"I worked with a couple of voice coaches who had very different techniques and eventually got there," she relates. "I've started to discover that I'm quite a shy actor. I'm more likely to underplay than to overplay. I kept being encouraged to go way over the top, even to pitch way up 'here' so that it was almost a parody. Then I could always pull it back."

Thatcher's voice and presentation were, Anderson points out, all part of a performance themselves. "She grew up in Lincolnshire [then a very rural area], but she certainly didn't sound like she grew up there. She took elocution lessons in school, though very early in her career, in her 20s and 30s, she had a very high-pitched voice. Not screechy, but if you were listening to her at a party conference, it would be quite grating."

Thatcher altered her voice to change how she was perceived. As she rose higher in government, her voice dropped and sounded more manly.

"She definitely worked on that…. Also, if you watch her interviews, you'll see she always smiled. She always kept this face" — Anderson pulls a benevolent grin — "whether it was a full smile or partial smile, it was how she delivered information. And she never got angry. She was always even-keeled, with a direct tone and very persuasive."

And, of course, this being The Crown, the prime minister's wardrobe was extensive. Anderson recalls "hundreds of costume fittings and extraordinary care given by the costume department." The aim always was to balance historical accuracy with items that worked on screen.

"It wasn't necessarily about modernizing what she wore, but we wanted it to feel like the designer was adding her personality into it," she explains. "That little twist, together with choosing historically accurate pieces, all went toward telling the right story throughout."

As for makeup, that department had to figure out "how to cover — or not to cover — my skin and freckles," she says, "because it's über HD." And the P.M.'s red power lipstick was a particular bone of contention. To find exactly the right shade, "they went through every pharmacy in town!" Anderson marvels.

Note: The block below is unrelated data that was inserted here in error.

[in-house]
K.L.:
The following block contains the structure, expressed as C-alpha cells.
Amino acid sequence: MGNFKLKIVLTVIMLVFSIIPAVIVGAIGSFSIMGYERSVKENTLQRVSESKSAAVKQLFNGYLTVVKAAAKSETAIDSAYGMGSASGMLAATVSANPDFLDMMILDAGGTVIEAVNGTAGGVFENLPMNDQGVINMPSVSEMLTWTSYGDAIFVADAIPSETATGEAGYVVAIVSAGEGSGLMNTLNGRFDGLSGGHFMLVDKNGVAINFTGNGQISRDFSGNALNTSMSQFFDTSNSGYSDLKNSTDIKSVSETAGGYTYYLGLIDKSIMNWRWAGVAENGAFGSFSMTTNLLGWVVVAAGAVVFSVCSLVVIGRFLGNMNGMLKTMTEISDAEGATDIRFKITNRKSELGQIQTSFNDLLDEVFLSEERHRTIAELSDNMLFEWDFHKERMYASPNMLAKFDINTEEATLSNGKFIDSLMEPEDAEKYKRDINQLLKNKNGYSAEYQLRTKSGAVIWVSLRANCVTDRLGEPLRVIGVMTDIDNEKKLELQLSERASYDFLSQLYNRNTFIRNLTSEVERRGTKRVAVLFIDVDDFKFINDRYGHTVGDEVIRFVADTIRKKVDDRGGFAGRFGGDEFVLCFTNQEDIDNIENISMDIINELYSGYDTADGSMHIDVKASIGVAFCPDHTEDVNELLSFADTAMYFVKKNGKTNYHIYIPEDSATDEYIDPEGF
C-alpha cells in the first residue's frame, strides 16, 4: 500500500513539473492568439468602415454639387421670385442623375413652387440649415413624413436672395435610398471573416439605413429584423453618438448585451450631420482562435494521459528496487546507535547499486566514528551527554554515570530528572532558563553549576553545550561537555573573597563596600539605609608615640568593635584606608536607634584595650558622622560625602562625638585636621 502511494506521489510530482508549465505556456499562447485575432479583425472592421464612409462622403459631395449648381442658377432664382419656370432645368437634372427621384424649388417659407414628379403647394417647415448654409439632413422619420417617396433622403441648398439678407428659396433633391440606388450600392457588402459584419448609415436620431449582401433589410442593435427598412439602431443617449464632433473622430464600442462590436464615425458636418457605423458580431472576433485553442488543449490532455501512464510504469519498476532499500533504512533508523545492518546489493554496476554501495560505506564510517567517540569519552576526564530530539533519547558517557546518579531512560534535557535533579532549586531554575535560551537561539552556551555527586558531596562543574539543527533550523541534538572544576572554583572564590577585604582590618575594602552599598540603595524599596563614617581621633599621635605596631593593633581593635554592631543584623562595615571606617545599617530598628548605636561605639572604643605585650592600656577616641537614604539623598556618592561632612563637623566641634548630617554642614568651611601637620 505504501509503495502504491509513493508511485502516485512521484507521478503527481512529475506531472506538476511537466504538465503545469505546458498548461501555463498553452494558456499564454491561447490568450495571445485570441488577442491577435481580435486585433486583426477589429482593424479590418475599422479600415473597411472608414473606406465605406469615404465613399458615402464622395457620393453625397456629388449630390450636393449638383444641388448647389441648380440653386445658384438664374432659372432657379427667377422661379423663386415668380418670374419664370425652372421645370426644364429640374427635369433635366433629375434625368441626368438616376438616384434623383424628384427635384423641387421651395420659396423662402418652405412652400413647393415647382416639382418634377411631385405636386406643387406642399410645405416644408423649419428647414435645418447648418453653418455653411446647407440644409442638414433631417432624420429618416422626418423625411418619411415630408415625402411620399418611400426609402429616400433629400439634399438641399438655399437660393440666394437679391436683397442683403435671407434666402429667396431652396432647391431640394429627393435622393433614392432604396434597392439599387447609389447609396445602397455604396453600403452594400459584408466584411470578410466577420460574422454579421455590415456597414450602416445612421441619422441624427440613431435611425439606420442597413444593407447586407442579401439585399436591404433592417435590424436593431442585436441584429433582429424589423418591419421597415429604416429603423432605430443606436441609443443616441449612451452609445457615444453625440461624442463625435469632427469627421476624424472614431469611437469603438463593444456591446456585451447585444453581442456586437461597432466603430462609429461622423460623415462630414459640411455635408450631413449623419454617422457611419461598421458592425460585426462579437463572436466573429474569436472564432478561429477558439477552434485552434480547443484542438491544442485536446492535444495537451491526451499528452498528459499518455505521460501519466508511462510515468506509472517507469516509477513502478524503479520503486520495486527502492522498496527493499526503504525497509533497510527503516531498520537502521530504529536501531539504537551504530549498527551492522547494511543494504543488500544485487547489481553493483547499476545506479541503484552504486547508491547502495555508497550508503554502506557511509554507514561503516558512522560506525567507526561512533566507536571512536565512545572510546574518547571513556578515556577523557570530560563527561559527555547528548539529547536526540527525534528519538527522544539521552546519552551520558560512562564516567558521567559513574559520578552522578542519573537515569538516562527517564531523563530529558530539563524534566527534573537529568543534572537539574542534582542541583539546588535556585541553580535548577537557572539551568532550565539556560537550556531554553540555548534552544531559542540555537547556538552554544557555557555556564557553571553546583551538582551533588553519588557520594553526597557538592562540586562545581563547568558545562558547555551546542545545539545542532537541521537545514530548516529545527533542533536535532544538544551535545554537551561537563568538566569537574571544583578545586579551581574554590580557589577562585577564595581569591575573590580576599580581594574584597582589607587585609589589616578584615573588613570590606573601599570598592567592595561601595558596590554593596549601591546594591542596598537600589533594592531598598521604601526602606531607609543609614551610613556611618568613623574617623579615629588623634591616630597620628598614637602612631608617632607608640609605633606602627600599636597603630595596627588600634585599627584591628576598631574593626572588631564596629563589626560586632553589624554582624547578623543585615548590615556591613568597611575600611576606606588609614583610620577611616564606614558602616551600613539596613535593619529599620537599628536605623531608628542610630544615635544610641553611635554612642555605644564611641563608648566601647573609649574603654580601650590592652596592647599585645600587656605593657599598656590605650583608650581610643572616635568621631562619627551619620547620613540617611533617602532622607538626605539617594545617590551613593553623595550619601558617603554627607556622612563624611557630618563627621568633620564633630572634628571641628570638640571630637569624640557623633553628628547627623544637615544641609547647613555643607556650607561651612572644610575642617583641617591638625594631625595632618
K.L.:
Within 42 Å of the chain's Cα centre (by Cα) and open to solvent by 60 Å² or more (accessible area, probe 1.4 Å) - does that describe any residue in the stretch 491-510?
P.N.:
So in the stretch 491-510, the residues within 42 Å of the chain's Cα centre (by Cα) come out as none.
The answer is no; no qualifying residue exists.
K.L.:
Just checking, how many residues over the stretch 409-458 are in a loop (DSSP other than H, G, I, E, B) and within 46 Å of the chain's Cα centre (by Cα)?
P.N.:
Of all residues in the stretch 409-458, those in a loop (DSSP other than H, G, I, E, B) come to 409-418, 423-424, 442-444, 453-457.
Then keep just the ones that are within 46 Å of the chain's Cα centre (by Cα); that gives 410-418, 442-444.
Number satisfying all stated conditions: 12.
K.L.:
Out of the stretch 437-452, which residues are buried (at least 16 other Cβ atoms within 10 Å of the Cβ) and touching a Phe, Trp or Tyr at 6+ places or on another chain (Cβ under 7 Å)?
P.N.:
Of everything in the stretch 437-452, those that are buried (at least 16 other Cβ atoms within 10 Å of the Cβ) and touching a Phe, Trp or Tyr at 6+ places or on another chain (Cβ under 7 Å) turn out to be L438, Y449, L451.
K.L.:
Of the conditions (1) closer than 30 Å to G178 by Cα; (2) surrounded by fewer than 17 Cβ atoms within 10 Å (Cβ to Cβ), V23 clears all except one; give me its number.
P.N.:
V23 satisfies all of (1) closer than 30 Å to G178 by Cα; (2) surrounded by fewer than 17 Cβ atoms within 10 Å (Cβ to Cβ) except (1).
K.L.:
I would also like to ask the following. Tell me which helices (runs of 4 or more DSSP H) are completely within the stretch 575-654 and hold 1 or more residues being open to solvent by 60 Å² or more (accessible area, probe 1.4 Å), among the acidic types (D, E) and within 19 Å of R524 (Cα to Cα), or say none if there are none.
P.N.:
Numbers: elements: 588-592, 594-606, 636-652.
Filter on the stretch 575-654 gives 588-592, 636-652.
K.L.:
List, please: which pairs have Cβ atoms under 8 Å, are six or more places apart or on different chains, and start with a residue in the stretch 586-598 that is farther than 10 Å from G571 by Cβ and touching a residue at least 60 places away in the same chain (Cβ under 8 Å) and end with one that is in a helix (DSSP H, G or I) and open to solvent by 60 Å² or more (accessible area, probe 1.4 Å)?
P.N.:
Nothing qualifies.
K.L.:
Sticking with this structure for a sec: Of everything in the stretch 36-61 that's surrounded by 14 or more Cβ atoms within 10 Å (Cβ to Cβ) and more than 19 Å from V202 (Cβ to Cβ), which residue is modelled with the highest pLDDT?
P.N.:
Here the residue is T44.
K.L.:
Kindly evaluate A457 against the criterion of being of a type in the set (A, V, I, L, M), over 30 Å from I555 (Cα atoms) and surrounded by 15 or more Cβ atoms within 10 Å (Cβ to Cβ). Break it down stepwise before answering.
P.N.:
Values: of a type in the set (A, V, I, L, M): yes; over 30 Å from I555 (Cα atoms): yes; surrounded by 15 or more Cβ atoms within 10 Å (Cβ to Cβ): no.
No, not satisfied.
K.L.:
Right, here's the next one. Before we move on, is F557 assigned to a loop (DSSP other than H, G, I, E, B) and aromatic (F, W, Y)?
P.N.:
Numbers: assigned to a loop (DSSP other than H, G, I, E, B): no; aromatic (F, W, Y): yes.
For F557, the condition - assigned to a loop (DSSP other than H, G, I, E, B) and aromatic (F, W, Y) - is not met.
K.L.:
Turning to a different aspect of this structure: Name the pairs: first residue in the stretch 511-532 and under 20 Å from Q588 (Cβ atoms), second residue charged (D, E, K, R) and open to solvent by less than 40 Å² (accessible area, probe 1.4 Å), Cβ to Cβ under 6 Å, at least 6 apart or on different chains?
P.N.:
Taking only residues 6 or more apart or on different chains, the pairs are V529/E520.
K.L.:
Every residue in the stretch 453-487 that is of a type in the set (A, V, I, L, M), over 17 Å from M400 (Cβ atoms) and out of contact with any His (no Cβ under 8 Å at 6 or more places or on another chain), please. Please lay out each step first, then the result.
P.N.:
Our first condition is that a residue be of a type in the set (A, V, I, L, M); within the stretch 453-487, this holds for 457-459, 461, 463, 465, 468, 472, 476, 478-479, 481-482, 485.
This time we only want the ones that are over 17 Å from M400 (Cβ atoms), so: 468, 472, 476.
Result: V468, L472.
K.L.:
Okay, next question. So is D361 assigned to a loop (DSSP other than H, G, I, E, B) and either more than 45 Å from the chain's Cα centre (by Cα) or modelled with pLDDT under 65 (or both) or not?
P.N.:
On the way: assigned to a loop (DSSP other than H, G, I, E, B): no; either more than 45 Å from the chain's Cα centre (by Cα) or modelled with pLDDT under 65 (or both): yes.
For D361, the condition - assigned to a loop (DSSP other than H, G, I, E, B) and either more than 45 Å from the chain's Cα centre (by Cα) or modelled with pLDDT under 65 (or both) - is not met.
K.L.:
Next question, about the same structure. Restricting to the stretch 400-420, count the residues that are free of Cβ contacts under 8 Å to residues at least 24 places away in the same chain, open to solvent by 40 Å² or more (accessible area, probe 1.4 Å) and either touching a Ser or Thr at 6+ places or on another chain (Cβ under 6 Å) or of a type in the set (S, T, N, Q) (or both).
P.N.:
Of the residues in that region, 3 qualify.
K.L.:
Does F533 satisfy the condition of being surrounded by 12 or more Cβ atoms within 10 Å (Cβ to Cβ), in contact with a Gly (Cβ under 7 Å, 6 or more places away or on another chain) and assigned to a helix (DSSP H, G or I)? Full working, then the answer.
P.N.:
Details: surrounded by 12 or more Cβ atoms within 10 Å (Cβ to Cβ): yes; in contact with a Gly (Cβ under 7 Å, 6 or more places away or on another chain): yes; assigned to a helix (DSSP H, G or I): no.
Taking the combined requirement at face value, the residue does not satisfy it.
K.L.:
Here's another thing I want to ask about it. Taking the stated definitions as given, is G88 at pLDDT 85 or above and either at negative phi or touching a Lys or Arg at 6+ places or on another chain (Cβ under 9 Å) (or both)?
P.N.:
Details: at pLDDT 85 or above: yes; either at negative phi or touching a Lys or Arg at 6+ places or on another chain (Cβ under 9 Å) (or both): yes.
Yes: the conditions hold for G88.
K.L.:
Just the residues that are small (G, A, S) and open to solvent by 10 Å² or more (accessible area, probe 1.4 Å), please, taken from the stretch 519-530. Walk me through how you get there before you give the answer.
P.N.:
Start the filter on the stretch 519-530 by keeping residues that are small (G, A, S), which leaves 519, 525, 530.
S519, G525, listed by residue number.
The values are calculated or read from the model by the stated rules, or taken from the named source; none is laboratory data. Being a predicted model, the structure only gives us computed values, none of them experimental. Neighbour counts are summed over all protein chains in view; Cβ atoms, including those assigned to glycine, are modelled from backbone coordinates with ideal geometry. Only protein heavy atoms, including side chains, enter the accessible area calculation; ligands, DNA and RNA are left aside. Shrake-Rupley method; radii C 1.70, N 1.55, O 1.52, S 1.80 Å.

And finally, there was that historic hair. In a 2013 survey by hair-care website, Thatcher's oversized, sculpted coiffure was voted the fifth most influential hairstyle of the past 50 years.

"Of course it was a wig!" Anderson says of her own Crown crown. "There were two wigs, in fact. One is bigger. It took a really long time to get right. On the first camera test it was too dark, too dense and too big. Part of what they needed — other than adding lighter elements and reweaving — was actually removing some hair so that light got to come through it."

Taken all together, the transformation is astonishing — though never distracting.

"Pete was quite clear that they wanted something that felt natural, that didn't feel like a parody or an imitation. To do that, I had to maintain a certain element of self, so that you still see it's me playing her. That was okay."

To be sure, her Thatcher is a slow-burn delight. It's a quiet and unshowy performance, portraying the leader as a woman, a mother, a daughter and a workaholic who honed her beliefs through years of being underestimated. She is also seen as part of a triptych of women, alongside the queen and the emerging figure of Princess Diana, played by Emma Corrin in season four (now streaming).

As the 1970s draw to a close, Queen Elizabeth and her family are focused on safeguarding the line of succession by securing an appropriate bride for Prince Charles (Josh O'Connor), still unmarried at 30. The nation, meanwhile, is beginning to feel the impact of Thatcher's divisive policies. At the same time, tensions arise with the queen as Thatcher leads the country into the Falklands War, generating conflict within the Commonwealth.

At every turn, Thatcher is the antagonist, while the queen remains the preserver of the status quo. Anderson says she started with a blank slate. "I knew the varying opinions about her. But when I was growing up, I wasn't paying much attention to politics." ...

For the rest of the story, pick up a copy of emmy magazine HERE

This story originally appeared in its entirety in emmy magazine, Issue No. 12, 2020